Assessing the creditor’s position is another important stage of restructuring preparatory work. Where restructuring is not expected to run smoothly due to disagreements with the borrower, knowing creditor’s strong points allows using negotiation leverage to the full extent. Even where restructuring is viewed as a routine exercise, the need for prior analysis of a creditor’s position should not be underestimated. Any restructuring is a good opportunity to get concessions from the borrower and improve creditor’s position to protect itself against any future deterioration of the situation.
From the legal standpoint, creditor’s position would largely depend on two factors: security and recourse to third parties (i.e., guarantors). Without a doubt, having a secured claim puts a creditor into a better position as compared to an unsecured creditor. Still, most of the Ukrainian security is impossible to enforce out of court without the co-operation of the security provider. As a result, a secured creditor would usually face the only route of going through court enforcement, which is likely to be a time and cost consuming process. As a result, secured creditor status may substantially improve the negotiation leverage, but should not be overestimated. Certain security structures may be improved to increase the chances of out-of-court enforcement. Such improvements include using a local security agent, introducing side arrangements in respect of certain types of collateral (direct debit of bank accounts, direct transfer instructions in respect of shares in joint stock companies) enabling creditors to take possession of the collateral without the co-operation of the security provider.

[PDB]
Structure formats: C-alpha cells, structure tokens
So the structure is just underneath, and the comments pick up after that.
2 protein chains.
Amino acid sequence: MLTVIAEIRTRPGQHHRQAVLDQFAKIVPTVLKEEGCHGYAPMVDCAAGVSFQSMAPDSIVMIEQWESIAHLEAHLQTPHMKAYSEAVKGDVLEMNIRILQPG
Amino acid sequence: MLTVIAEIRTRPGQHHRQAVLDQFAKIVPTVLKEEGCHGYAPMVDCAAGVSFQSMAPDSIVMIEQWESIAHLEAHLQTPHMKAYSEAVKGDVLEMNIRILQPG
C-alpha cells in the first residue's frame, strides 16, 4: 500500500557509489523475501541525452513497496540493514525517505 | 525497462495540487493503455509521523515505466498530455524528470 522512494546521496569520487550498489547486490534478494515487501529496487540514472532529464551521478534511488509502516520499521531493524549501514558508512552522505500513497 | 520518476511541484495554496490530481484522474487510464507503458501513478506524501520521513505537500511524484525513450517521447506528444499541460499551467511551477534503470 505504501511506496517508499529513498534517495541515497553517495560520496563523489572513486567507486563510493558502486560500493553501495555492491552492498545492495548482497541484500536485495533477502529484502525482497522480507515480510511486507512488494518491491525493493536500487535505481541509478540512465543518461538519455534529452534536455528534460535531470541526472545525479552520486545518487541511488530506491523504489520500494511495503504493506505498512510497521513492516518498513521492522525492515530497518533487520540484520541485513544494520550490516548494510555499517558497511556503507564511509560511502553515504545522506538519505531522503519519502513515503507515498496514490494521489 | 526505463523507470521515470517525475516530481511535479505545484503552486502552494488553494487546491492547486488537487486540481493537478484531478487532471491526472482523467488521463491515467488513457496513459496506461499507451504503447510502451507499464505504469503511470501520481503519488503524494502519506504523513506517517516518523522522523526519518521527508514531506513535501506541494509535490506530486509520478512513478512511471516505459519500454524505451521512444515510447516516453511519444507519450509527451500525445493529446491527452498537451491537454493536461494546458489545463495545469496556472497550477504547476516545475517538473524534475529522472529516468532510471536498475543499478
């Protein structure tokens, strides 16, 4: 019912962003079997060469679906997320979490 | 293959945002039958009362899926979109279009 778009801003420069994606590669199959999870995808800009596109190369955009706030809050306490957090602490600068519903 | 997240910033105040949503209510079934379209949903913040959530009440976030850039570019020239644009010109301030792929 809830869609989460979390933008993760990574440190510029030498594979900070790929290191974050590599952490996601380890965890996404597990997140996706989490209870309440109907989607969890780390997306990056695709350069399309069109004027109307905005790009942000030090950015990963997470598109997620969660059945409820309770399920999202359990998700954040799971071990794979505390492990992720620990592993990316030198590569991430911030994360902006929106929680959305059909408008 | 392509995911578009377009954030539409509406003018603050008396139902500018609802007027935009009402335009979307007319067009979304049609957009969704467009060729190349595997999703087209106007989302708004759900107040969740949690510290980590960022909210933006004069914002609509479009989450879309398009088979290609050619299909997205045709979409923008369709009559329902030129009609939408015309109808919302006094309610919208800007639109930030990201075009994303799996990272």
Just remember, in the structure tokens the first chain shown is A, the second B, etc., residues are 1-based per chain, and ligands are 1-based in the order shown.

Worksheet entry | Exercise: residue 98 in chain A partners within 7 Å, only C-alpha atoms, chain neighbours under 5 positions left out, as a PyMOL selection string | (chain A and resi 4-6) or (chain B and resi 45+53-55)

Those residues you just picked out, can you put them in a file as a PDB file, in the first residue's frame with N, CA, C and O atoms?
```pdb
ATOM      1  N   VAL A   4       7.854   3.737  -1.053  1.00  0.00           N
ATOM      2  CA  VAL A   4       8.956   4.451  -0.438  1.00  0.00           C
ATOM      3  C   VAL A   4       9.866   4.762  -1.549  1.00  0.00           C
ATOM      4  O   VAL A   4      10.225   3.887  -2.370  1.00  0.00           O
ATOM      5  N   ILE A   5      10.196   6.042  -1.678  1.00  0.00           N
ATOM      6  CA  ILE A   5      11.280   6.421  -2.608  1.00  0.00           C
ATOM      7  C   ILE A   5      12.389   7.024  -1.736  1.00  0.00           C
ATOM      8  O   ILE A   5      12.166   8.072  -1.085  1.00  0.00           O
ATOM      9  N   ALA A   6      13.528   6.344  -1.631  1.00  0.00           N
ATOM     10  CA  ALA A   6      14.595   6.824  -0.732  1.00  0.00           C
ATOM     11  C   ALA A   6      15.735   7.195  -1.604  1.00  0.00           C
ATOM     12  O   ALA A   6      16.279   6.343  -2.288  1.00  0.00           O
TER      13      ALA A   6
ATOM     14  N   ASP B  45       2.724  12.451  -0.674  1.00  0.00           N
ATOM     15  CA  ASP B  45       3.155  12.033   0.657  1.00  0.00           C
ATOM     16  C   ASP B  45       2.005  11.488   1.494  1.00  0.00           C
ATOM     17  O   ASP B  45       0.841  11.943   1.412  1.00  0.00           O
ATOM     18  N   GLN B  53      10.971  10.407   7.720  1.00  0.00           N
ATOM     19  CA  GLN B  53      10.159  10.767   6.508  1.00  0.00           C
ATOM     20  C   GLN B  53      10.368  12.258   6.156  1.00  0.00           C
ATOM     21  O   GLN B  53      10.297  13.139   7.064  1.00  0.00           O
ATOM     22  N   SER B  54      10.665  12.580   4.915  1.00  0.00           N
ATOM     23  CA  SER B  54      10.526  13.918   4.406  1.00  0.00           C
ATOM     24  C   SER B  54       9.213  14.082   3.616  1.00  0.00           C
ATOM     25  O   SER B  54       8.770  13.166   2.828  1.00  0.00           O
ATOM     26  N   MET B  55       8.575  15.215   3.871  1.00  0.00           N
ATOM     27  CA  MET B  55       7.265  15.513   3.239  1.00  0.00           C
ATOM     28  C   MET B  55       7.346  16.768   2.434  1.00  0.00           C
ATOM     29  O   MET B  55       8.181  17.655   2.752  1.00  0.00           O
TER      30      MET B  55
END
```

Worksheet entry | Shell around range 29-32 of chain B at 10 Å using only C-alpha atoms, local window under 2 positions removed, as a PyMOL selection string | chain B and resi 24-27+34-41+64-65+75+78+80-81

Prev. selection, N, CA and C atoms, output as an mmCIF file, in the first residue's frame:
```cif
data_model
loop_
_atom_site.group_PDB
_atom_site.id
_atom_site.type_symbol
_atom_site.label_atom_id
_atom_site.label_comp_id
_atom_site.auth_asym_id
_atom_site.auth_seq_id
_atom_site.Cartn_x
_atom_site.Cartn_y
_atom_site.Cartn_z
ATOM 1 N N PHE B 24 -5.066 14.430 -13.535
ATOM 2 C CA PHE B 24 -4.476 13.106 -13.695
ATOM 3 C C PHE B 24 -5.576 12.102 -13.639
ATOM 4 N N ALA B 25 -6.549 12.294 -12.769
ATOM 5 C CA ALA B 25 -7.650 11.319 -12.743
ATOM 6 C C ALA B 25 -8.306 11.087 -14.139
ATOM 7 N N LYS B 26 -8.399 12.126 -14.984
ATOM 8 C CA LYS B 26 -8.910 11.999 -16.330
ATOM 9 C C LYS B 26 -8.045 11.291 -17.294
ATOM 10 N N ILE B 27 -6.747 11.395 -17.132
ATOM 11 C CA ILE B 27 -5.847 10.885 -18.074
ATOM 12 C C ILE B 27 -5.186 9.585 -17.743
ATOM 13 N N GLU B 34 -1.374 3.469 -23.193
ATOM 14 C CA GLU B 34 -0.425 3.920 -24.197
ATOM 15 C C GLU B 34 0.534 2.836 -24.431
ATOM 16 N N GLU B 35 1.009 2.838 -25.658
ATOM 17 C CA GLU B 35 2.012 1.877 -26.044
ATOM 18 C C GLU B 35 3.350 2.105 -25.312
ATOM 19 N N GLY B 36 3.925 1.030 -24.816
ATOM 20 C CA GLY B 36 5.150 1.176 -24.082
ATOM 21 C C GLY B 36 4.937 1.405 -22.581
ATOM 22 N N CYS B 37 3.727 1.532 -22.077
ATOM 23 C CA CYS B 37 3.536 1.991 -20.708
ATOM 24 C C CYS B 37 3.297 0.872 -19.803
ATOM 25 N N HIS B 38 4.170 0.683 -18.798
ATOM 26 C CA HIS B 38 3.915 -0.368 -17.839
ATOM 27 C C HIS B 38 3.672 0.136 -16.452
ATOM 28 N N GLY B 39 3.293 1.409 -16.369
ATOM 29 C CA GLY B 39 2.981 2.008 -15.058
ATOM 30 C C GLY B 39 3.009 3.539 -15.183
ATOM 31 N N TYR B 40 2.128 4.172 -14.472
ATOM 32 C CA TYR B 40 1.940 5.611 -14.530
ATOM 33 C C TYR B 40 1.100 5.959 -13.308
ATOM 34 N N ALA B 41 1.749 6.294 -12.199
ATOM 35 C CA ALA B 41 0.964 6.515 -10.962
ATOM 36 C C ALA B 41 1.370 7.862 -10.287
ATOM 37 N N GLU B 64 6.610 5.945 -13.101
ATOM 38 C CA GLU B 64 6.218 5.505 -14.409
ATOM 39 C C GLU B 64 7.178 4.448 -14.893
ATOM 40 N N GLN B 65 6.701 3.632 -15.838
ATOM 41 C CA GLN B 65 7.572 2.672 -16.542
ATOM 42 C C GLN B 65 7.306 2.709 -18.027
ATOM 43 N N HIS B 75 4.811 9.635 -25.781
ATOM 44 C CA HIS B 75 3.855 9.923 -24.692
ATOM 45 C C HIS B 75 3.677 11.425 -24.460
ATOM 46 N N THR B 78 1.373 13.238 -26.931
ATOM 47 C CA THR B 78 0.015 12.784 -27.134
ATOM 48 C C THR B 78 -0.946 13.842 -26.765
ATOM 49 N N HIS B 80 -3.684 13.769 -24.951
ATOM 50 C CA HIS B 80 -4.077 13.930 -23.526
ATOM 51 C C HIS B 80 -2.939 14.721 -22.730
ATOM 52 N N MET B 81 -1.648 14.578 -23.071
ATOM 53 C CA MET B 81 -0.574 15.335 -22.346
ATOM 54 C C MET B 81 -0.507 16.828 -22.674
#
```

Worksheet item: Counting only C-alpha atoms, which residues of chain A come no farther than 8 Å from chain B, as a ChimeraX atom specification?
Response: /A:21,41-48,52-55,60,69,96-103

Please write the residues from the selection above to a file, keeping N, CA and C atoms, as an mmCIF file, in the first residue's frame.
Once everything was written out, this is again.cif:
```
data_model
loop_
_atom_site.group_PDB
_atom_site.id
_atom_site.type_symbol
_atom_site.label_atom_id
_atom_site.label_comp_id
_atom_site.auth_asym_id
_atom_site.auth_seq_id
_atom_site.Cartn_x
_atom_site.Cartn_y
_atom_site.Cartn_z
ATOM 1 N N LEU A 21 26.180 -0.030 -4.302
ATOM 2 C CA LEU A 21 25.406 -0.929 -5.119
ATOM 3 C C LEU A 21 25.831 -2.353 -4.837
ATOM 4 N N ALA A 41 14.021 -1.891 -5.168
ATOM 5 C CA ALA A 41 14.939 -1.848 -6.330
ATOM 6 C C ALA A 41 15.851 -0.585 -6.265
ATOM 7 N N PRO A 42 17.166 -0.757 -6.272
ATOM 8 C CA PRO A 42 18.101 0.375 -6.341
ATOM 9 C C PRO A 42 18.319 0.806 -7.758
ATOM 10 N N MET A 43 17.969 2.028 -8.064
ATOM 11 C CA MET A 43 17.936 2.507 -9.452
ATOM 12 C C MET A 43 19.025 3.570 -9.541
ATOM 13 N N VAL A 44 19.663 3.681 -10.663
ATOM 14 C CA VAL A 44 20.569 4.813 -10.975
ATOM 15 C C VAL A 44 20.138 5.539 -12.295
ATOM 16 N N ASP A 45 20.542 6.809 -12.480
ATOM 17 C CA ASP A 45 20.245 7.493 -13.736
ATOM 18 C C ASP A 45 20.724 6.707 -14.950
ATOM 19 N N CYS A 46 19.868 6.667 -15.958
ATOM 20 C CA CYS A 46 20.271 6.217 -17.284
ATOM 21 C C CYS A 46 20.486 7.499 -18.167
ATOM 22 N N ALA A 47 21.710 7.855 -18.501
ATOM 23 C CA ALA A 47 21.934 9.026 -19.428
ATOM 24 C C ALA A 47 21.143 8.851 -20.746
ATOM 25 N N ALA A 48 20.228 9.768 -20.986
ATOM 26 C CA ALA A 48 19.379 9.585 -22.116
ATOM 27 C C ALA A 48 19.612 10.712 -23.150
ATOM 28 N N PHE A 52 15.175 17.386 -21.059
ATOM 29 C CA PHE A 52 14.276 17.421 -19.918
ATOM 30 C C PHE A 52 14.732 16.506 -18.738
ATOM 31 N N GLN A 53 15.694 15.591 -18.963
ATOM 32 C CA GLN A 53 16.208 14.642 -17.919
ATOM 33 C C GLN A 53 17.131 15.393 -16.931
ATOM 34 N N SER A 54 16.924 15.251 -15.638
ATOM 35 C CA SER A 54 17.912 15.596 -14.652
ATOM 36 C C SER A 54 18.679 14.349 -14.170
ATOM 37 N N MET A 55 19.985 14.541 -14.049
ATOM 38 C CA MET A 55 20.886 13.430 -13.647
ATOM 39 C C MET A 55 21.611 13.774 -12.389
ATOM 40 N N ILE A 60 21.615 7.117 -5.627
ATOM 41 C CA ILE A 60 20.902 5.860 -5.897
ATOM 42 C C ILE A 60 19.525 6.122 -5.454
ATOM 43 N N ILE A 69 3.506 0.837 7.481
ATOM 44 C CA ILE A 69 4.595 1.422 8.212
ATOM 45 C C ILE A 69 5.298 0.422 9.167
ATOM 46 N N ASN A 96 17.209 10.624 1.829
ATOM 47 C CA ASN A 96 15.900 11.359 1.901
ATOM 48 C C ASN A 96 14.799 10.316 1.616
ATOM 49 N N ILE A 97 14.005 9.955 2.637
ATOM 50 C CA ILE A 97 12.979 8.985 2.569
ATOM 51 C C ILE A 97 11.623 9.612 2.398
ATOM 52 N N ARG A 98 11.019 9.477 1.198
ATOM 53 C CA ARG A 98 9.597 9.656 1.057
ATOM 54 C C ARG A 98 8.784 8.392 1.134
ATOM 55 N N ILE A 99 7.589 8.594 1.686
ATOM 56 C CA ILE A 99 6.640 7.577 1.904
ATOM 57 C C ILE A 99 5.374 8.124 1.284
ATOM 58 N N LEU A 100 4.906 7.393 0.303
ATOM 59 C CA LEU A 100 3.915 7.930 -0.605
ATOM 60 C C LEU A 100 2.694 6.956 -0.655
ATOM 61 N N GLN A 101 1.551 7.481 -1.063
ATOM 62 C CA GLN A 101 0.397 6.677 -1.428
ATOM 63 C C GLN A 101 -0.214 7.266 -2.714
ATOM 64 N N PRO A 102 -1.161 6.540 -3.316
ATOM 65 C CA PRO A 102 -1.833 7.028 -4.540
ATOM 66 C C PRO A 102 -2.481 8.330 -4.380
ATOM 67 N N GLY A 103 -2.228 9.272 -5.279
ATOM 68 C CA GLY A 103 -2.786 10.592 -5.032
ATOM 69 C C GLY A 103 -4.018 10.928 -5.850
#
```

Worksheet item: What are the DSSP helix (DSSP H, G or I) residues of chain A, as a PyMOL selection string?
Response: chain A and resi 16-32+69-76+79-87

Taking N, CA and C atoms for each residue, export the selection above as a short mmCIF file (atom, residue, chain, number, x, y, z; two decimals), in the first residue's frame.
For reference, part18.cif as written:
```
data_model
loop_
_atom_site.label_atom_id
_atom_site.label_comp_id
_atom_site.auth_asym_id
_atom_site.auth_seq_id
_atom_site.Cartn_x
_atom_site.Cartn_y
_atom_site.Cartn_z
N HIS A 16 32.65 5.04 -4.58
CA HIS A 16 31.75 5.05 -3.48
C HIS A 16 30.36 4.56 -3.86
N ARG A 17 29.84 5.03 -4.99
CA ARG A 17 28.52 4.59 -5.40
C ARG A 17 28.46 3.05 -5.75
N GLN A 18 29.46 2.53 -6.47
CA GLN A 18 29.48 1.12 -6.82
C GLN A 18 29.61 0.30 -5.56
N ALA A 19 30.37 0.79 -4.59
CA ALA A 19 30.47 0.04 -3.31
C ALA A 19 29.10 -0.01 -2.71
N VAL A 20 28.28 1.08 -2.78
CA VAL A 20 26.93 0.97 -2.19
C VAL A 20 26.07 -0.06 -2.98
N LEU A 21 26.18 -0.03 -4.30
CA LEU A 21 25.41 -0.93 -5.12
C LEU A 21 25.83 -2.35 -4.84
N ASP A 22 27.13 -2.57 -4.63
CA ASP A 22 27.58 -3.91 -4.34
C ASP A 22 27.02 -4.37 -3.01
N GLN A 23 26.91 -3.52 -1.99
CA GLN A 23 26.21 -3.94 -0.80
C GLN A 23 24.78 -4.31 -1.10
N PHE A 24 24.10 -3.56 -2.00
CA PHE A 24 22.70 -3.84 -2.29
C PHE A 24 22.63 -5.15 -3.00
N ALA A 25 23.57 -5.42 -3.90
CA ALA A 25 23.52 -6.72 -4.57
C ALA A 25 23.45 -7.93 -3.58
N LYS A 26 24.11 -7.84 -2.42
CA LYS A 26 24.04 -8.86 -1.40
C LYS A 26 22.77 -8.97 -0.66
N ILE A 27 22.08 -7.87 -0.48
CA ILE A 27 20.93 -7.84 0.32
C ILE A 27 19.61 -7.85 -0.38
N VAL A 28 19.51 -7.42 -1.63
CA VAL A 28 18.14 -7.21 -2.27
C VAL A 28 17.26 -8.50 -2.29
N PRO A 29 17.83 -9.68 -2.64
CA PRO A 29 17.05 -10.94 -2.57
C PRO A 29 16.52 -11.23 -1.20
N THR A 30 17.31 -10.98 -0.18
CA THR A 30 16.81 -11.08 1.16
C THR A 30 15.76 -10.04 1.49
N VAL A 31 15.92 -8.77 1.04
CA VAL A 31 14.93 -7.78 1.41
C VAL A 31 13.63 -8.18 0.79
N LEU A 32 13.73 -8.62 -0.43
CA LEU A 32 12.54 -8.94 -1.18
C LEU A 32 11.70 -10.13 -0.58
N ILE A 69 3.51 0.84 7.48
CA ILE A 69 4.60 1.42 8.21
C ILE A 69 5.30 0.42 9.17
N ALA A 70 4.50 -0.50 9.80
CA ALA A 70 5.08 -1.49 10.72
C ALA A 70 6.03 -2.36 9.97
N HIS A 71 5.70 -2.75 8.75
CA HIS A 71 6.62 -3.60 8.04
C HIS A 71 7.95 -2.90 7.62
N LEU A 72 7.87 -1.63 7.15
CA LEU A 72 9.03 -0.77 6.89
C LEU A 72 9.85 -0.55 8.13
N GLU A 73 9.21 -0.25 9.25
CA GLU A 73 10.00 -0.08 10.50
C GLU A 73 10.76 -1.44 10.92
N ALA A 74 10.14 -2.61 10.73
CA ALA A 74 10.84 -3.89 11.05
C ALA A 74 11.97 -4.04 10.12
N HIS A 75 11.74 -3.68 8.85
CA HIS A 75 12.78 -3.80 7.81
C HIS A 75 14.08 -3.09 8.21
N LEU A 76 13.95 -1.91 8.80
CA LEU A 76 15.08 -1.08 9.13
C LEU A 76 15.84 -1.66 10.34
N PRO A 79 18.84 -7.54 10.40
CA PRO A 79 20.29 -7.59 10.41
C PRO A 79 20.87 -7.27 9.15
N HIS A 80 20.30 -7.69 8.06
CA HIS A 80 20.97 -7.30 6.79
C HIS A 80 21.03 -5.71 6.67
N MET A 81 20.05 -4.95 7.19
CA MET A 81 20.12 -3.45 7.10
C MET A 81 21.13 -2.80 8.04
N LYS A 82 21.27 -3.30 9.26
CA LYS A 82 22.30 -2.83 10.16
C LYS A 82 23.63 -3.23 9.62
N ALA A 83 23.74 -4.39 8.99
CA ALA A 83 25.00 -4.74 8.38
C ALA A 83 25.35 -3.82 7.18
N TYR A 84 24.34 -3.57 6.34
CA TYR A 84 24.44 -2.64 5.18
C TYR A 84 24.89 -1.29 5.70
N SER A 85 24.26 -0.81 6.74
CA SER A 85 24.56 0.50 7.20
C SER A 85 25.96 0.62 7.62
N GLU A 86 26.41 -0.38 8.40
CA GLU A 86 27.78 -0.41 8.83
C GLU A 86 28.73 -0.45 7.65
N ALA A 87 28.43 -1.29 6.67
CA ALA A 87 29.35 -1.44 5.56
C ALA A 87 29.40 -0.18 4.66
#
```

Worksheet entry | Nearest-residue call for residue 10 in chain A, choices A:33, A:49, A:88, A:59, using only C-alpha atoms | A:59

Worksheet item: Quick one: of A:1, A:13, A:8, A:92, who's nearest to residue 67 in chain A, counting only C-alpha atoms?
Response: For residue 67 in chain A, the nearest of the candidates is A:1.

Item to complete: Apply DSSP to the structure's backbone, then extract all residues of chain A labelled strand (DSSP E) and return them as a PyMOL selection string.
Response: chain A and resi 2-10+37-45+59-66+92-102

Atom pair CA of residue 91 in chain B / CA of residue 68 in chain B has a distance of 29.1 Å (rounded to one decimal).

Guarantees issued by Ukrainian companies, much like security, may not be easily enforceable due to Ukrainian currency control restrictions. While in recent years currency control restrictions have been relaxed to a certain extent, payment under a guarantee issued in respect of indebtedness of an offshore holding company will require obtaining by the Ukrainian guarantor of an individual licence of the National Bank of Ukraine.